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Old 12-03-2012, 12:07 AM   #40
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Re: Theory terminology

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Actually, it is true in zero-sum games. In an n-player game, let e_k be the expectation for an equilibrium strategy in position k, 1<=k<=n. Then

sum_k e_k=0 (due to the zero-sum property),

and thus

(1/n) sum_k e_k =0

which is the expectation of a player who plays each position with the same frequency.
I think the issue is that e_k isn't well defined here. Unlike in the heads-up case, in a 3+ player 0-sum game, there can be multiple equilibria with different expectations for each position.
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Old 12-03-2012, 02:41 AM   #41
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Re: Theory terminology

Even if this were true (I don't see it, but I don't have a refutation neither; examples always appreciated), we assume that "all players play their equilibrium strategy," so we are at a (fixed) equilibrium. And for each such set of strategies the outcomes are defined.
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Old 12-03-2012, 03:39 AM   #42
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Re: Theory terminology

Actually my reasoning only uses that there is a fixed strategy for each position.
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Old 12-03-2012, 03:14 PM   #43
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Re: Theory terminology

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Actually my reasoning only uses that there is a fixed strategy for each position.
It does, and there's not.
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Old 12-04-2012, 04:17 AM   #44
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Re: Theory terminology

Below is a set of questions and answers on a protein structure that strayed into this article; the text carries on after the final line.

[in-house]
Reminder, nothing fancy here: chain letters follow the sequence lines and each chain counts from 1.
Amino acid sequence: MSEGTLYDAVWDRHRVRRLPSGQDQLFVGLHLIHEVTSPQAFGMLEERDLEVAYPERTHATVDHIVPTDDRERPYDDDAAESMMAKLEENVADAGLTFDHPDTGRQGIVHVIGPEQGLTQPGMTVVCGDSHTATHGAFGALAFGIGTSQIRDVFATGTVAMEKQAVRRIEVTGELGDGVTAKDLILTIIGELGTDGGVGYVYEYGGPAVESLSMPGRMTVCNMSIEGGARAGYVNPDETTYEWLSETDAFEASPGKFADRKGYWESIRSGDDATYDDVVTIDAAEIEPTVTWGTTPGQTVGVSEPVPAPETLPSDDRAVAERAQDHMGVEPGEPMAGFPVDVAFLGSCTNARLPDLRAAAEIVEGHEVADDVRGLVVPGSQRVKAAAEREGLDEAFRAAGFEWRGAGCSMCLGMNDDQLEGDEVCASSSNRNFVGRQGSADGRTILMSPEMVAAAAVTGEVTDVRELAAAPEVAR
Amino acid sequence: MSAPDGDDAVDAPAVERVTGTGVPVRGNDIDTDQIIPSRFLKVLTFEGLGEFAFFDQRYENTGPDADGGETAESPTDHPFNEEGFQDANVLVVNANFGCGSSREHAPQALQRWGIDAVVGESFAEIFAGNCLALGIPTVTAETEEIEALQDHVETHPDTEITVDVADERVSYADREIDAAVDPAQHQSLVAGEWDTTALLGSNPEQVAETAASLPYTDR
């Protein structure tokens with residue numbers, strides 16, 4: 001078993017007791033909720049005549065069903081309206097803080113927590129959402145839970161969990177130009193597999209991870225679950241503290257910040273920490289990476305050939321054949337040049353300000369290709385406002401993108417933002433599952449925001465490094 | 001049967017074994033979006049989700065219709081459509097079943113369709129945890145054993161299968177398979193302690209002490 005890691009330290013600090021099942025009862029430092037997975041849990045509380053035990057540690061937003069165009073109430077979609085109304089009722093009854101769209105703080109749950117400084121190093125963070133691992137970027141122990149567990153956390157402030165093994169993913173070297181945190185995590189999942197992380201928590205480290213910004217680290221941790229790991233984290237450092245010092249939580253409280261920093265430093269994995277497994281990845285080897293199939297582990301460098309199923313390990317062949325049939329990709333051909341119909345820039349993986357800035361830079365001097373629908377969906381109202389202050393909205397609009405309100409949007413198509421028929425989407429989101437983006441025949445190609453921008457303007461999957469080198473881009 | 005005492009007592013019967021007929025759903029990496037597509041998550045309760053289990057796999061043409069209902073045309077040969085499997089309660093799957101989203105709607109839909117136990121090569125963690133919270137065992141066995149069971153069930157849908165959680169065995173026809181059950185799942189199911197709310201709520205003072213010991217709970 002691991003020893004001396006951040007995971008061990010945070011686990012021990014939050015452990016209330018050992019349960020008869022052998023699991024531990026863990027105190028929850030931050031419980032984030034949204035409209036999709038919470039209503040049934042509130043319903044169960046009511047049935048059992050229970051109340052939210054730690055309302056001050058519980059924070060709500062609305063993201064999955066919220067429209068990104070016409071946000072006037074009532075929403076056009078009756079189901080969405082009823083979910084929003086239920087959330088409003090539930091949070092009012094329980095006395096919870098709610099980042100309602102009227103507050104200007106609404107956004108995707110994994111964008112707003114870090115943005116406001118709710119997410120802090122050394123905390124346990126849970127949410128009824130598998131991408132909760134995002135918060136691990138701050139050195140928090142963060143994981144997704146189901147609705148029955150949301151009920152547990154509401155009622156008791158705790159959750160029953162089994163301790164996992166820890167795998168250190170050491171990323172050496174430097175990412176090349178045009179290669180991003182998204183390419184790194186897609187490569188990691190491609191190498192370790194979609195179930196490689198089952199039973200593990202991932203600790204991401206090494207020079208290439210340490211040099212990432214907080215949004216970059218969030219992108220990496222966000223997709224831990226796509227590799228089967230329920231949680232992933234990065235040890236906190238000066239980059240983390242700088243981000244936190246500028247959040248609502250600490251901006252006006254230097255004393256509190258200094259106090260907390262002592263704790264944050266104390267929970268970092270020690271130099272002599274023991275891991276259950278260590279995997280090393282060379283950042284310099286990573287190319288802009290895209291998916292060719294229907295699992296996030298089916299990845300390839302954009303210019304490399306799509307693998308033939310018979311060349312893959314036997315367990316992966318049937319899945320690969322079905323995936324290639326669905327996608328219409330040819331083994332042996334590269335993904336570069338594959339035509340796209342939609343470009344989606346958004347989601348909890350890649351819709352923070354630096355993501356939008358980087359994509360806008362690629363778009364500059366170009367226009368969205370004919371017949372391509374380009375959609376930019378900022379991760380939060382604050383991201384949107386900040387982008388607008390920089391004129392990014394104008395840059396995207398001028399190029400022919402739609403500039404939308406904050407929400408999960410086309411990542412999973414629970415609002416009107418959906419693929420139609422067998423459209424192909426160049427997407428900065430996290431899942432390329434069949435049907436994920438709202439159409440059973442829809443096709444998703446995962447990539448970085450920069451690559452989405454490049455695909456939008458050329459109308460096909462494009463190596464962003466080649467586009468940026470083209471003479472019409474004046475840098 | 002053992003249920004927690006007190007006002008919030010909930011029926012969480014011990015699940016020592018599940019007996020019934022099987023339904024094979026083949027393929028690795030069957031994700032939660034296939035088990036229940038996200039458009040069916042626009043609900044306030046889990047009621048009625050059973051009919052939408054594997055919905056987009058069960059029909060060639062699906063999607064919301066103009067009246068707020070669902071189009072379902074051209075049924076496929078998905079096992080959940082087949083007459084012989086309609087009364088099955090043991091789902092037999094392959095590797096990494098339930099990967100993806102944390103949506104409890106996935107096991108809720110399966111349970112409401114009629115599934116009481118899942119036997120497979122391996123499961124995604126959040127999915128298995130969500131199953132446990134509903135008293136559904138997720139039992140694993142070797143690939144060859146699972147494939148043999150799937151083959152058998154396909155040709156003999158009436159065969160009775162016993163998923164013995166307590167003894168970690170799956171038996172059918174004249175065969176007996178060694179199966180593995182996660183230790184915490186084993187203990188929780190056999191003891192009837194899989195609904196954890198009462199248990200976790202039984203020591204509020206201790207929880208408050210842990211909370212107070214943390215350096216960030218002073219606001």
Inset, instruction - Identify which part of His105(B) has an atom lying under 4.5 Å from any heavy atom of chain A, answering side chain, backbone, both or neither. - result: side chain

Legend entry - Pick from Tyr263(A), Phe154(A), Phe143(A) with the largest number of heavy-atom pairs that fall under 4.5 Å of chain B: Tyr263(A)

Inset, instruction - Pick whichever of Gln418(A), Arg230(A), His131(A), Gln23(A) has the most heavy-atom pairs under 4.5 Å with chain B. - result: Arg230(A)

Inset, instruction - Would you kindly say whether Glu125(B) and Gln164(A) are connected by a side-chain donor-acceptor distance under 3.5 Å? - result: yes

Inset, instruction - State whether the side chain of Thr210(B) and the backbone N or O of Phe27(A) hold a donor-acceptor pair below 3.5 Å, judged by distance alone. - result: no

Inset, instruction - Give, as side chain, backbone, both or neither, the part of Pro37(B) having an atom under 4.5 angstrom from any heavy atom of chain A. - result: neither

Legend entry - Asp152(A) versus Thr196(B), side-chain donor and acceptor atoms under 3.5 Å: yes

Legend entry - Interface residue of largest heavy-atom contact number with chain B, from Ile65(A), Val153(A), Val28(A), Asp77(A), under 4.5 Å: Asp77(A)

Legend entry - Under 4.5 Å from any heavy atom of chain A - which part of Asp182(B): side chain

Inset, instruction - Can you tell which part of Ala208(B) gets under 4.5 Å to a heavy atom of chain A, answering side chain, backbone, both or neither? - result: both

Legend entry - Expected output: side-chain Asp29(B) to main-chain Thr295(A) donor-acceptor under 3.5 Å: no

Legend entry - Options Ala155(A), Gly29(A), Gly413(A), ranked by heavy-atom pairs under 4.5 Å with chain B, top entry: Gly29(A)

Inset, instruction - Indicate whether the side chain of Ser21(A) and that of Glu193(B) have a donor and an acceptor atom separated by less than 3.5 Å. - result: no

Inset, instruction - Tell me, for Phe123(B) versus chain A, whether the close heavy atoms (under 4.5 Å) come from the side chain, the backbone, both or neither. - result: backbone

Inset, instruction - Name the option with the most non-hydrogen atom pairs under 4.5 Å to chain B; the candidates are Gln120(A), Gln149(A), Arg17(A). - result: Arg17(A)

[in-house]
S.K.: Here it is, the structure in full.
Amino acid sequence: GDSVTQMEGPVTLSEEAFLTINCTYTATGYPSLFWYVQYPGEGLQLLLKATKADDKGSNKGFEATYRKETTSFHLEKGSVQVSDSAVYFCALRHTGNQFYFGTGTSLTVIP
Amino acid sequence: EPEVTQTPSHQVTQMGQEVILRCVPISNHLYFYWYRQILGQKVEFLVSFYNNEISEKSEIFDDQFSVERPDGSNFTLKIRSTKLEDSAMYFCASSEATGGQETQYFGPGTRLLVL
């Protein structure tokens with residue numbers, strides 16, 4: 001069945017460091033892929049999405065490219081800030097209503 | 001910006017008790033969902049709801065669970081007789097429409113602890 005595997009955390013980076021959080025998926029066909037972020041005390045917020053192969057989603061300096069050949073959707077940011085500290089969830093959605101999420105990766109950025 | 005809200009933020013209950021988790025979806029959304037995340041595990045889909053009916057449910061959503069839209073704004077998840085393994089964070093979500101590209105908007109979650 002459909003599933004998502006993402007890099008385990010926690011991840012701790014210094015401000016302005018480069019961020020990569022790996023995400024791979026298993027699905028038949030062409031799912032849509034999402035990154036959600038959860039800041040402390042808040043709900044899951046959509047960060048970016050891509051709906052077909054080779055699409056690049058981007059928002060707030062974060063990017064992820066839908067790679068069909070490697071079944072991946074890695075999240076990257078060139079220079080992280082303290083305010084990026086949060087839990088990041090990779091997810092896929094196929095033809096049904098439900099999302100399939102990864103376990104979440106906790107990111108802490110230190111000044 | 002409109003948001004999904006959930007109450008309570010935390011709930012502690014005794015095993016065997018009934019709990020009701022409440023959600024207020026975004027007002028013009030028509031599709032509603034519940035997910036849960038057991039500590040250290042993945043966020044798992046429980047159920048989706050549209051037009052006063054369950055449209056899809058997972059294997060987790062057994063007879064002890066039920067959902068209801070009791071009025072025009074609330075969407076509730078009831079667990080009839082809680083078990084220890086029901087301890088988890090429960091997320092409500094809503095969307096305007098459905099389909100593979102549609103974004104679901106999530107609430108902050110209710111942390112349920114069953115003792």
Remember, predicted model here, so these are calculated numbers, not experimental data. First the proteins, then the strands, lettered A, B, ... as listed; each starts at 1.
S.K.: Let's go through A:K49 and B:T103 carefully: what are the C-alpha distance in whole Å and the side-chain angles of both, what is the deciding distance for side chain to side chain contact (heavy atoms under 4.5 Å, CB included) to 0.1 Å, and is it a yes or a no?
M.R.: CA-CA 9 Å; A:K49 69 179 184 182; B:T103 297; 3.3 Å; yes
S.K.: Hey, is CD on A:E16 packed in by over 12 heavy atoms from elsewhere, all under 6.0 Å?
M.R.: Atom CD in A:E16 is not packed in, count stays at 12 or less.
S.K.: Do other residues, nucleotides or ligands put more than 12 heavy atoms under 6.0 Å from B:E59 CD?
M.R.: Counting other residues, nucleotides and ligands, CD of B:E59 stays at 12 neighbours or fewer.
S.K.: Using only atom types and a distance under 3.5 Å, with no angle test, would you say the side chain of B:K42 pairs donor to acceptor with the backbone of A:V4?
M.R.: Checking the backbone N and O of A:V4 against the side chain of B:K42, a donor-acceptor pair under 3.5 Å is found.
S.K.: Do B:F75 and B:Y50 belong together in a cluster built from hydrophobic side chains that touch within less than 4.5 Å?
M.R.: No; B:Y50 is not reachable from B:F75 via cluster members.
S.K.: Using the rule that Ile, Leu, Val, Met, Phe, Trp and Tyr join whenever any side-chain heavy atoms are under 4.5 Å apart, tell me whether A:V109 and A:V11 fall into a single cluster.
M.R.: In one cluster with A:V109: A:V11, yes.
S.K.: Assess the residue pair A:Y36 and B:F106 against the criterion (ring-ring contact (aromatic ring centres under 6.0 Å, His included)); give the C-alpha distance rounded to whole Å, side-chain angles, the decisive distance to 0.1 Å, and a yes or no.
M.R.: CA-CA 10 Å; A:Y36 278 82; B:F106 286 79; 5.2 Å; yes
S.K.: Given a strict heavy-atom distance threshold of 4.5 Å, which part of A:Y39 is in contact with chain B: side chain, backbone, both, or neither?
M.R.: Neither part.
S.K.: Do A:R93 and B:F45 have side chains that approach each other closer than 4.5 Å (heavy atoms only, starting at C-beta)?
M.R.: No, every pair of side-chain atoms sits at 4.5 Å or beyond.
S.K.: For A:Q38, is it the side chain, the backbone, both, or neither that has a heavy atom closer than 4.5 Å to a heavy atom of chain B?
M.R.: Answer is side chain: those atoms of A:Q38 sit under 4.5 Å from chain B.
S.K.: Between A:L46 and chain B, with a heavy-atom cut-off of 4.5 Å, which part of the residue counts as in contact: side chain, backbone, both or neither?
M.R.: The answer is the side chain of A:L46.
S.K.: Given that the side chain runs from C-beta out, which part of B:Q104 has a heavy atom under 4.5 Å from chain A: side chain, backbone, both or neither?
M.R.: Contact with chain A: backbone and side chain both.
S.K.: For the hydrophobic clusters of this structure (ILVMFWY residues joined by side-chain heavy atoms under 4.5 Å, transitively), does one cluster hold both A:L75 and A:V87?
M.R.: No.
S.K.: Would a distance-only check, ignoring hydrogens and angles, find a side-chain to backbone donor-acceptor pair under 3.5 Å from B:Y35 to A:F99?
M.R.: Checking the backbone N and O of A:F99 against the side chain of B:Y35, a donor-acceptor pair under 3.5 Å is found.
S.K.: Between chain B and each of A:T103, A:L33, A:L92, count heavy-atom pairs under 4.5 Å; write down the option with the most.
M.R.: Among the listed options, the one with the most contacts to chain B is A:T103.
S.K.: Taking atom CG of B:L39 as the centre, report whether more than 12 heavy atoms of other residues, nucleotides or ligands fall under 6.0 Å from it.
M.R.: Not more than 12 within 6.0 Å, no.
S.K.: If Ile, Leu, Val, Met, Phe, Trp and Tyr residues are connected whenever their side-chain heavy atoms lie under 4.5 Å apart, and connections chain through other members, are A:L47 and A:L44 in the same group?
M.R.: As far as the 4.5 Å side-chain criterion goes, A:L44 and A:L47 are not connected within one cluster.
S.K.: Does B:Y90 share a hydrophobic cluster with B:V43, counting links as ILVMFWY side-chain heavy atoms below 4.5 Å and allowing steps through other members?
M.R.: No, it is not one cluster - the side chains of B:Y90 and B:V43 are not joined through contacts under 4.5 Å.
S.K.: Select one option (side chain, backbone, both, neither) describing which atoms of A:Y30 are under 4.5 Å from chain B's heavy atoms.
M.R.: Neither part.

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However, it turns out that in poker, if all players are playing their equilibrium strategies, they will break even in the long-term average sense when we average over all positions in the game.
Ok, then the expression "their equilibrium strategies" does not make much sense in the multiway game. If some players choose strategies from one equilibrium, and others from another one with different expectations, then we're not in an equilibrium anymore and someone can exploit the situation.

Of course you could imagine that when I'm is on the button, then we play equilibrium A, and when I'm UTG we play equilibrium B. Then my argument doesn't work anymore.
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Old 12-04-2012, 10:32 AM   #45
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Re: Theory terminology

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Of course you could imagine that when I'm is on the button, then we play equilibrium A, and when I'm UTG we play equilibrium B. Then my argument doesn't work anymore.
Yea, that's pretty much the situation I had in mind, and I think that can happen in multi-handed play but not in heads-up. Or rather, if there are multiple equilibria in heads-up, they all have the same value.

My understanding of 3+-player poker games is pretty much all from MoP, Ch 29. It does a good job of explaining why they're theoretically interesting but doesn't give much in the way of practical advice or application.
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Old 01-21-2013, 06:17 PM   #46
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Re: Theory terminology

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I think the issue is that e_k isn't well defined here. Unlike in the heads-up case, in a 3+ player 0-sum game, there can be multiple equilibria with different expectations for each position.
Please correct me where I go wrong (starting from whether this terminology thread is the correct place for this...). If there were multiple equilibria with different e_k in a 3-handed game:
-Button gets to choose the strategy first, so he chooses the one s_1 that maximises e_1 against any possible equilibrium strategies the remaining players can pick against s_1.
-SB goes next. If he still has several equilibrium strategies to choose from, he pics the one s_2 that maximises e_2 against BTN and any equilibrium strategies BB can pick from.
-BB, with the information given by previous actions, picks the one s_3 that maximises e_3.